How one exotic fruit could go mainstream

·1-min read

Spiky, enormous and largely unknown in Australia, the exotic jackfruit could soon become a supermarket staple.

Predominantly grown in South and Southeast Asia, jackfruit has grown in popularity in western cultures as a plant-based meat alternative.

When ripe, it tastes sweet and tropical, subtly redolent of banana, mango and pineapple.

Unripe, it can be used in savoury dishes like curries.

However, jackfruit remains an untapped food source in Australia, perhaps due to its spiky exterior and cumbersome size.

A jackfruit can weigh up to 50kg and is the world's largest tree-grown fruit.

A group of food scientists at Monash University has been commissioned by the Northern Territory government to see whether they can make jackfruit more consumer friendly.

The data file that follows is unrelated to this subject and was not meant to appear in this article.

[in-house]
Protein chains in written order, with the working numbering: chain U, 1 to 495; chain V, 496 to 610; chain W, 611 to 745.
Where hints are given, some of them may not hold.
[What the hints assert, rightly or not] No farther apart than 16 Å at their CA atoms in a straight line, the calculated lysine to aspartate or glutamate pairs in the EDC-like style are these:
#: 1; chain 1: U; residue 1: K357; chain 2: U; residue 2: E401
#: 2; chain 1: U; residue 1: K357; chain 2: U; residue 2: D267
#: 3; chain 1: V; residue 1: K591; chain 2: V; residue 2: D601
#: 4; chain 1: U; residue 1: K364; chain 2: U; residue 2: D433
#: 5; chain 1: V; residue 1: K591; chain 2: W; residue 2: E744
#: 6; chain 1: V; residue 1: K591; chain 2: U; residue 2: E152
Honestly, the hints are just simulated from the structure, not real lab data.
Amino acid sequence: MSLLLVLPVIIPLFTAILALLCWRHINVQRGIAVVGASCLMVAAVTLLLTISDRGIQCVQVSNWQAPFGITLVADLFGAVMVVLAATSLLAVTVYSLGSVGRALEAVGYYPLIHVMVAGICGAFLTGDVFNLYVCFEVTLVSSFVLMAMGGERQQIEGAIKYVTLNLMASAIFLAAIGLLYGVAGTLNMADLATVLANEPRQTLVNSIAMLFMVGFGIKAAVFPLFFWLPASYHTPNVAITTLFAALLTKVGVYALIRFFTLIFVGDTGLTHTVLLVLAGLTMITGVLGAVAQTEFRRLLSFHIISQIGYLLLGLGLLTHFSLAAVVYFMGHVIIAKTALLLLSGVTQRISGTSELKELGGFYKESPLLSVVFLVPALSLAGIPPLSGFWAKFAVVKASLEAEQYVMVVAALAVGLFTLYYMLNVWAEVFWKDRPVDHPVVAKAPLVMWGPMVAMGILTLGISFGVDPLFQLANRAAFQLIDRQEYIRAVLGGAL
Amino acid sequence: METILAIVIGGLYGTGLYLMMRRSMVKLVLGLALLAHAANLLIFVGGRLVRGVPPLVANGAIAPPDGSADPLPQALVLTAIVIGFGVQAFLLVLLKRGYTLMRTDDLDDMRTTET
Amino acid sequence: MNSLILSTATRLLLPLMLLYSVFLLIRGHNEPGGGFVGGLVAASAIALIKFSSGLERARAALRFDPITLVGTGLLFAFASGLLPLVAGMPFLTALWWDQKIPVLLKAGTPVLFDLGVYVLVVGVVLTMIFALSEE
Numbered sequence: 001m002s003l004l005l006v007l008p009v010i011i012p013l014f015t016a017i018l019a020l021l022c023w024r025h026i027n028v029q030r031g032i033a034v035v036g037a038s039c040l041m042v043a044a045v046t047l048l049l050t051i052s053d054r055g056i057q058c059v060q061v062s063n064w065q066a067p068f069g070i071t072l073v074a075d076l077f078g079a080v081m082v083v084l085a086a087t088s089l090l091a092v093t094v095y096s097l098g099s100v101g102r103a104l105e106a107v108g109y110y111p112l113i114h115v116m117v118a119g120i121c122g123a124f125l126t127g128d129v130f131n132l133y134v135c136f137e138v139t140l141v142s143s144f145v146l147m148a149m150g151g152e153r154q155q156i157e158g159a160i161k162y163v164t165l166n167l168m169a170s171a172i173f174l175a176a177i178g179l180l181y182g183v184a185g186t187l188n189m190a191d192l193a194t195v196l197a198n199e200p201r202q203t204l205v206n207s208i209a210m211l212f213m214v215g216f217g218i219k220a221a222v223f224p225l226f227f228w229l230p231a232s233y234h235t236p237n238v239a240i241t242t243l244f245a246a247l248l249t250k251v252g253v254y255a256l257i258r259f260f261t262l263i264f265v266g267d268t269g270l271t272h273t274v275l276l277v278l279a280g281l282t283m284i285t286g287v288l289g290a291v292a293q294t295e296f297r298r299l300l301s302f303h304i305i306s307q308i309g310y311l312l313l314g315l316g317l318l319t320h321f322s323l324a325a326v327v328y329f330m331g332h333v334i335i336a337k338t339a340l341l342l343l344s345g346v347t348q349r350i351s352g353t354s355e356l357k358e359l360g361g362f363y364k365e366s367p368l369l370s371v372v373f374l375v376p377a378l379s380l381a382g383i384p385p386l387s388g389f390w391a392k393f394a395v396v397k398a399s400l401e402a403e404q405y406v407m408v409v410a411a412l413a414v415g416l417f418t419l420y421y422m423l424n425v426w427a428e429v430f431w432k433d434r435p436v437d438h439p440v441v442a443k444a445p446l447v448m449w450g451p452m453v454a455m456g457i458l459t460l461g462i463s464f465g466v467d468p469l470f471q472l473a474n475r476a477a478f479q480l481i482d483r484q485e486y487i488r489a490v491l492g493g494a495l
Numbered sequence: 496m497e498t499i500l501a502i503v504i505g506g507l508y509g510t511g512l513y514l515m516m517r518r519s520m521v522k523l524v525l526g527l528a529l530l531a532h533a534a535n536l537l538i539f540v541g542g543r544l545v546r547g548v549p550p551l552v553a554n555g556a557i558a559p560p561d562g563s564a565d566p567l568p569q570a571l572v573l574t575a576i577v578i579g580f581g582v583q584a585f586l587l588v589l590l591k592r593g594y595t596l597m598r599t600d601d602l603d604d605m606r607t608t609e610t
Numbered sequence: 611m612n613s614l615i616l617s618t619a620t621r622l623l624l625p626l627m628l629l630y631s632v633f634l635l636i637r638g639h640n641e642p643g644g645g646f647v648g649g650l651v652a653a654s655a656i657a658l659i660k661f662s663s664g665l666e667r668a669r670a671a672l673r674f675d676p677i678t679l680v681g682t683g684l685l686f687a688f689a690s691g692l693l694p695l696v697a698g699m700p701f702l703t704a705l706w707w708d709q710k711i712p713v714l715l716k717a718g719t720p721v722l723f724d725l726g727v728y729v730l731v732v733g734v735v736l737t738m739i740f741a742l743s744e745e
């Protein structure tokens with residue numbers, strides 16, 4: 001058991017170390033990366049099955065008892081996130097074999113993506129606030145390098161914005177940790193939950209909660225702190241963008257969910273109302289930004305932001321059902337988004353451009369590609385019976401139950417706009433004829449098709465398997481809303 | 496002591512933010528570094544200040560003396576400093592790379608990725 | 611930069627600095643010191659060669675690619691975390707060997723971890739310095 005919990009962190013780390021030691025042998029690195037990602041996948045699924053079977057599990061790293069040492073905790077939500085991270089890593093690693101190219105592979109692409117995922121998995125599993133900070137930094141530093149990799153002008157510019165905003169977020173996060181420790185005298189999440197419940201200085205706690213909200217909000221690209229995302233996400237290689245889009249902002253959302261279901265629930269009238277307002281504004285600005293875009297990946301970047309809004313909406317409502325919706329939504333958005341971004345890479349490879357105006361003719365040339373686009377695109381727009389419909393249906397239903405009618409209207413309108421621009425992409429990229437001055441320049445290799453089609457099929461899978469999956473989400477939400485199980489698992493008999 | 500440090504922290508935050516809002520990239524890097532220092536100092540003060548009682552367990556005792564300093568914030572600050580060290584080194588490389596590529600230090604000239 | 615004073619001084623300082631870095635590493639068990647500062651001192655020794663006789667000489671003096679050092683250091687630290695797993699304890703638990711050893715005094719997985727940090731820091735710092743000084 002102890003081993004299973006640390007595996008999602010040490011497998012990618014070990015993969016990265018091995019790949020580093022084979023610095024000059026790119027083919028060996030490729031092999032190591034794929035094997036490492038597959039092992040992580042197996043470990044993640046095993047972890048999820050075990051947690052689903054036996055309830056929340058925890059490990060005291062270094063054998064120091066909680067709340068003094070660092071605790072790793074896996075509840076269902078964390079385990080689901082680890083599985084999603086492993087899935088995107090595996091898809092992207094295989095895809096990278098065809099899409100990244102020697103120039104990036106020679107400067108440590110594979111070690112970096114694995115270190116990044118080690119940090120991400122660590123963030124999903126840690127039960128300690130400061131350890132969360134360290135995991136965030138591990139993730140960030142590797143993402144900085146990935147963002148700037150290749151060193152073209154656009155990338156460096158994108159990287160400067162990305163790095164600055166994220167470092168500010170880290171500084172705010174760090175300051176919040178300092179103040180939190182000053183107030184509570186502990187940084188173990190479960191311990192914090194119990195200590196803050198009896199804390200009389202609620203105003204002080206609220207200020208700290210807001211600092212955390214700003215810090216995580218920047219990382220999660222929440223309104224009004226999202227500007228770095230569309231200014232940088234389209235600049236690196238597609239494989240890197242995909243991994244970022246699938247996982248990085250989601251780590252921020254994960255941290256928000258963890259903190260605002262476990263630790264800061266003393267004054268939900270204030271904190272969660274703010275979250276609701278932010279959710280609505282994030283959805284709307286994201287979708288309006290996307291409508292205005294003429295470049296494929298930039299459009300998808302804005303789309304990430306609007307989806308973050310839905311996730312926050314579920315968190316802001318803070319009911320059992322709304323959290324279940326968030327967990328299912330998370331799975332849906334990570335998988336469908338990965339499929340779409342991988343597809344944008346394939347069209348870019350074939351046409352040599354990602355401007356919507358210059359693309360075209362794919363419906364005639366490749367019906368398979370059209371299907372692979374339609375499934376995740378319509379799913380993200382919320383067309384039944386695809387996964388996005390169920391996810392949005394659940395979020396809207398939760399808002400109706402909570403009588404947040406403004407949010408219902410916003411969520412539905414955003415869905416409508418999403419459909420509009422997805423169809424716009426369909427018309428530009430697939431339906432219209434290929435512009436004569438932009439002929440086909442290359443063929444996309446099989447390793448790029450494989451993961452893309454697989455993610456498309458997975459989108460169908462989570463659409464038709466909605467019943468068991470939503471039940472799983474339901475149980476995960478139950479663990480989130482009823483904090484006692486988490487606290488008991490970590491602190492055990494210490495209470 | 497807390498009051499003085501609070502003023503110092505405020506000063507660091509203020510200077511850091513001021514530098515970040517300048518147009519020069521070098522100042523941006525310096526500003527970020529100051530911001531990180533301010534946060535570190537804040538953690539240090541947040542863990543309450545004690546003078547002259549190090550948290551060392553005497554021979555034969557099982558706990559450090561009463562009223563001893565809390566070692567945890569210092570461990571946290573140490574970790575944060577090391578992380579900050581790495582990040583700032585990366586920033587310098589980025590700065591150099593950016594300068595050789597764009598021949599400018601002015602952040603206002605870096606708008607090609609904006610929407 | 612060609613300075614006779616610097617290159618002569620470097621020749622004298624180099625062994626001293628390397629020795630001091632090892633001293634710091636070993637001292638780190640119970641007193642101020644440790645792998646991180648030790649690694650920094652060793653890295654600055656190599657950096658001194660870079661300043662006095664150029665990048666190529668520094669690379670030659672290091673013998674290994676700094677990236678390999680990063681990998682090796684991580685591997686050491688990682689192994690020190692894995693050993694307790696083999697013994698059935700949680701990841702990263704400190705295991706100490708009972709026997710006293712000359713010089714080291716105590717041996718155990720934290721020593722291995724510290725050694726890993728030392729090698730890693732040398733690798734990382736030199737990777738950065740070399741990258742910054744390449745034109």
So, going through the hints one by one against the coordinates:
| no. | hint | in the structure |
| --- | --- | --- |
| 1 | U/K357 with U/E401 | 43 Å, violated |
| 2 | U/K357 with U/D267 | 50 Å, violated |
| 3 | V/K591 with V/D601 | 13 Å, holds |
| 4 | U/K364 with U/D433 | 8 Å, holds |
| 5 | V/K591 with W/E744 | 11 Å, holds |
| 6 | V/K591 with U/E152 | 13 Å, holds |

This will involve repackaging and repurposing the unfamiliar fruit and finding ways to process it into ready-to-eat products.

"Jackfruit has so many benefits; it is high in fibre, minerals such as calcium, phosphorus and magnesium, and it is a good source of vitamin A, B1 and B2," lead researcher Leonie van 't Hag said.

"It is a good source of Lysine, an amino acid that vegetarians and vegans can struggle to obtain in their diet.

"Research also suggests that jackfruit has many classes of phytochemicals that have anti-cancer, anti-hypertensive, anti-ulcer and anti-ageing properties."

The Australian jackfruit industry, based in the Top End and Far North Queensland, is valued at $2.6 million.

But research suggests the industry has the potential to double or even quadruple by 2025, if new growing and processing methods are adopted.